long story short: in the end i managed to build a bike that has the above features, but has simply become too heavy to load anything on it. plus steering is something you really have to learn with this monster:
Step 1: Research
the first step was to do extensive research. since i am not an engineer it took me quite some time to understand the concepts behind it. an incredible source of technical inspiration was the tilting group over at yahoo: http://autos.groups.yahoo.com/group/tilting/ although primarily concerned with tilting concepts in regards to engine driven constructions the group is surely the best place to find information about constructing a tilter.
also very inspiring are tilting tricycle constructions built before:
- the jetrike: http://www.jetrike.com
- onya cycles' front-end loader. unfortunately the website (http://onyacycles.com) seems to be dead, but here are a some impressions: http://tinyurl.com/as2cc5m
- youtube has quite some videos about tilting trikes: http://tinyurl.com/ajkp98w
Step 2: An Early Prototype
Step 3: Building the Trike: Lean-steer Part
after building the prototype i went back to my drawing desk and made a few more sketches. this led to an improved version of the steering/tilting mechanism. back in the workshop i started building the trike.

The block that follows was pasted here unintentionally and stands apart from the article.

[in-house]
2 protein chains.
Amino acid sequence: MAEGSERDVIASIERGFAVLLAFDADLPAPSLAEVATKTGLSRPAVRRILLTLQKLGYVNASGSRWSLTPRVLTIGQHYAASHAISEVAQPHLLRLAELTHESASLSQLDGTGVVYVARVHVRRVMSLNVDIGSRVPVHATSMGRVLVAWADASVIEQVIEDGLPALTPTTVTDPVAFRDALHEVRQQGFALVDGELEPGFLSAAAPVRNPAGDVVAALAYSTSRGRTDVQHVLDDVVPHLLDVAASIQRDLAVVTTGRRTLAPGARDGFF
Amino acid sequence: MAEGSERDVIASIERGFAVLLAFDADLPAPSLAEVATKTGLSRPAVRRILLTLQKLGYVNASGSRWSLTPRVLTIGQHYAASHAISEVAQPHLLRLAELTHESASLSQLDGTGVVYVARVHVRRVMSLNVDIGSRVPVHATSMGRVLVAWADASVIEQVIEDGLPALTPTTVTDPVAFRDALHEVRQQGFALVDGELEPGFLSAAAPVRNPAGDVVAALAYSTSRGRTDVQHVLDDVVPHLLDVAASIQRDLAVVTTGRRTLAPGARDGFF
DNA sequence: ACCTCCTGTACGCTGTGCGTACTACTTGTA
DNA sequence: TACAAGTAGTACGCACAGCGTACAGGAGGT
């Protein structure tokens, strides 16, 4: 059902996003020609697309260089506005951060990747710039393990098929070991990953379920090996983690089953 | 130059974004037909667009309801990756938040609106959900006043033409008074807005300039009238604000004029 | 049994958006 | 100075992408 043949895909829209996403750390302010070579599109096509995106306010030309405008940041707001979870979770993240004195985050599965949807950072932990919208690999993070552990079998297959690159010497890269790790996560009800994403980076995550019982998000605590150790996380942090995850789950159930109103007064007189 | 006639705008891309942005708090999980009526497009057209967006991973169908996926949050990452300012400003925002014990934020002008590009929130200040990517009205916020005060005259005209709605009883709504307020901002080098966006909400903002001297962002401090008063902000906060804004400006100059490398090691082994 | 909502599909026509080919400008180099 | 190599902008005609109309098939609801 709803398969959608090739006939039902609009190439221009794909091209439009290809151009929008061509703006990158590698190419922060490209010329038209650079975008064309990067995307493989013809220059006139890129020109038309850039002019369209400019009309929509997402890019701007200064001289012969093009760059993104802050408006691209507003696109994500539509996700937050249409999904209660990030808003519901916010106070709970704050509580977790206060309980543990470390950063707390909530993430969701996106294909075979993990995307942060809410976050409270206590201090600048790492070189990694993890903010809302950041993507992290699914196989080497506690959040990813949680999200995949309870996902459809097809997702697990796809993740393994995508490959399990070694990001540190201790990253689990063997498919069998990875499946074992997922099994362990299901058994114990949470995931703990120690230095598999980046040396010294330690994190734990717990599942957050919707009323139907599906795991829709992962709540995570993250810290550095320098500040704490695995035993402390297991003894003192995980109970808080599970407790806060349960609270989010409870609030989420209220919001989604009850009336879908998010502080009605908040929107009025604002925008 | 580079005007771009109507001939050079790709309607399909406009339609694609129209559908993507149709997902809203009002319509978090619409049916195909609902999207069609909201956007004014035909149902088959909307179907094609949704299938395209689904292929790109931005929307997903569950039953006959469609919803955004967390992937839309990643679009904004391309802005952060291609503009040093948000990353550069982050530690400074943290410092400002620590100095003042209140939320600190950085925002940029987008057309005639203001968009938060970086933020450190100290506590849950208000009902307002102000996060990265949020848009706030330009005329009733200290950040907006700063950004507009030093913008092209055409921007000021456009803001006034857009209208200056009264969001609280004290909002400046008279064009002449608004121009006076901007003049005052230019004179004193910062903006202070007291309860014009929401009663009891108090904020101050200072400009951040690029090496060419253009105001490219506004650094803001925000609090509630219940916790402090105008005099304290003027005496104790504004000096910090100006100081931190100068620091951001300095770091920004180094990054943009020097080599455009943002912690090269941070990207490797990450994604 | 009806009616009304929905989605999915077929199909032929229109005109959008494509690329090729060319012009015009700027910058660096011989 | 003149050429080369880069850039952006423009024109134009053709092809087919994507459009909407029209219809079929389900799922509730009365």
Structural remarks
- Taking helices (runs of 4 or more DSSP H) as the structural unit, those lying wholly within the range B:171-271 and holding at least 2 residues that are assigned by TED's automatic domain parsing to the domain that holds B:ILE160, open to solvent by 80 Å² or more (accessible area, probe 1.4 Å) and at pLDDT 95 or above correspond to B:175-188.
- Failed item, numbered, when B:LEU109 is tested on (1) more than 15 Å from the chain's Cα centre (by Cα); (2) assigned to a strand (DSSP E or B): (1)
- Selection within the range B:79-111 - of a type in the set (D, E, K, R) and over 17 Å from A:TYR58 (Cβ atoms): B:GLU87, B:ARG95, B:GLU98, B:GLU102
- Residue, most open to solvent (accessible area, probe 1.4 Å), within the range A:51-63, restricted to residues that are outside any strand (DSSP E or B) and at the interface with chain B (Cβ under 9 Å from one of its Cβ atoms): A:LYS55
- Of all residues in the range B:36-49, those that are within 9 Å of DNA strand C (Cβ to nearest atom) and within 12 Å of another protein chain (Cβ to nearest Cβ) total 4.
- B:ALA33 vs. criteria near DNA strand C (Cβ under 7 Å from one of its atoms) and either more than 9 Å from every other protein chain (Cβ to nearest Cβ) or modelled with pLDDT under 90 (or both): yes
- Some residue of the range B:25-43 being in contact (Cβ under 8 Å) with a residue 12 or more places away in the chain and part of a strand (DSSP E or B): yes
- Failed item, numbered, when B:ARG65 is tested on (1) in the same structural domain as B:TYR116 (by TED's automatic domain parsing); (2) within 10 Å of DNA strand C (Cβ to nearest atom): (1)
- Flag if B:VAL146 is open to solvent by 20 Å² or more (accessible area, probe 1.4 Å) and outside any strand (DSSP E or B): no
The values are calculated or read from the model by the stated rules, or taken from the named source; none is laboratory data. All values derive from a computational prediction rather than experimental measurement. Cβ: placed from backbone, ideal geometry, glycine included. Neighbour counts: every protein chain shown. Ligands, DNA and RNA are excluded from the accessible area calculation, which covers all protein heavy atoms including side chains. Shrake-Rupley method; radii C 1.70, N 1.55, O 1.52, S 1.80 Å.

the first part to build was the lean/steer mechanism. as you can see in the first photo the core part are ball heads which allow a tilt of 30° (2x15°) and, at the same time, the turning of the wheel axles. in the second image you can see how it tilts.
Step 4: The Frame
building the frame was quite straightforward. as usual i cannibalized an old bike for the rear triangle and then added the front part.
Step 5: First Test Assembly
after adding the frame for the cargo basket i assembled it for the first time.
Step 6: Steering
now came the hard part: constructing the steering mechanism. i started with the usual steering design used with 2 wheel cargo bikes (see: https://www.instructables.com/id/build-a-2-wheel-cargo-bike/#step4 ) but it took me quite some time to figure out how to transmit the steering force adequately to both wheels without allowing the whole thing to lock itself in any angle. i don't want to go too much into detail here but i hope the principle is visible in the photo.
Step 7: That's It!
as said in the introduction the whole thing is
- too heavy
- the wheels are way too far in the front and
- steering is a pain in the a**
the project took quite some time and i also spent a little bit too much money for my taste, but i'm sure i can use the knowledge i gained in the one or the other way.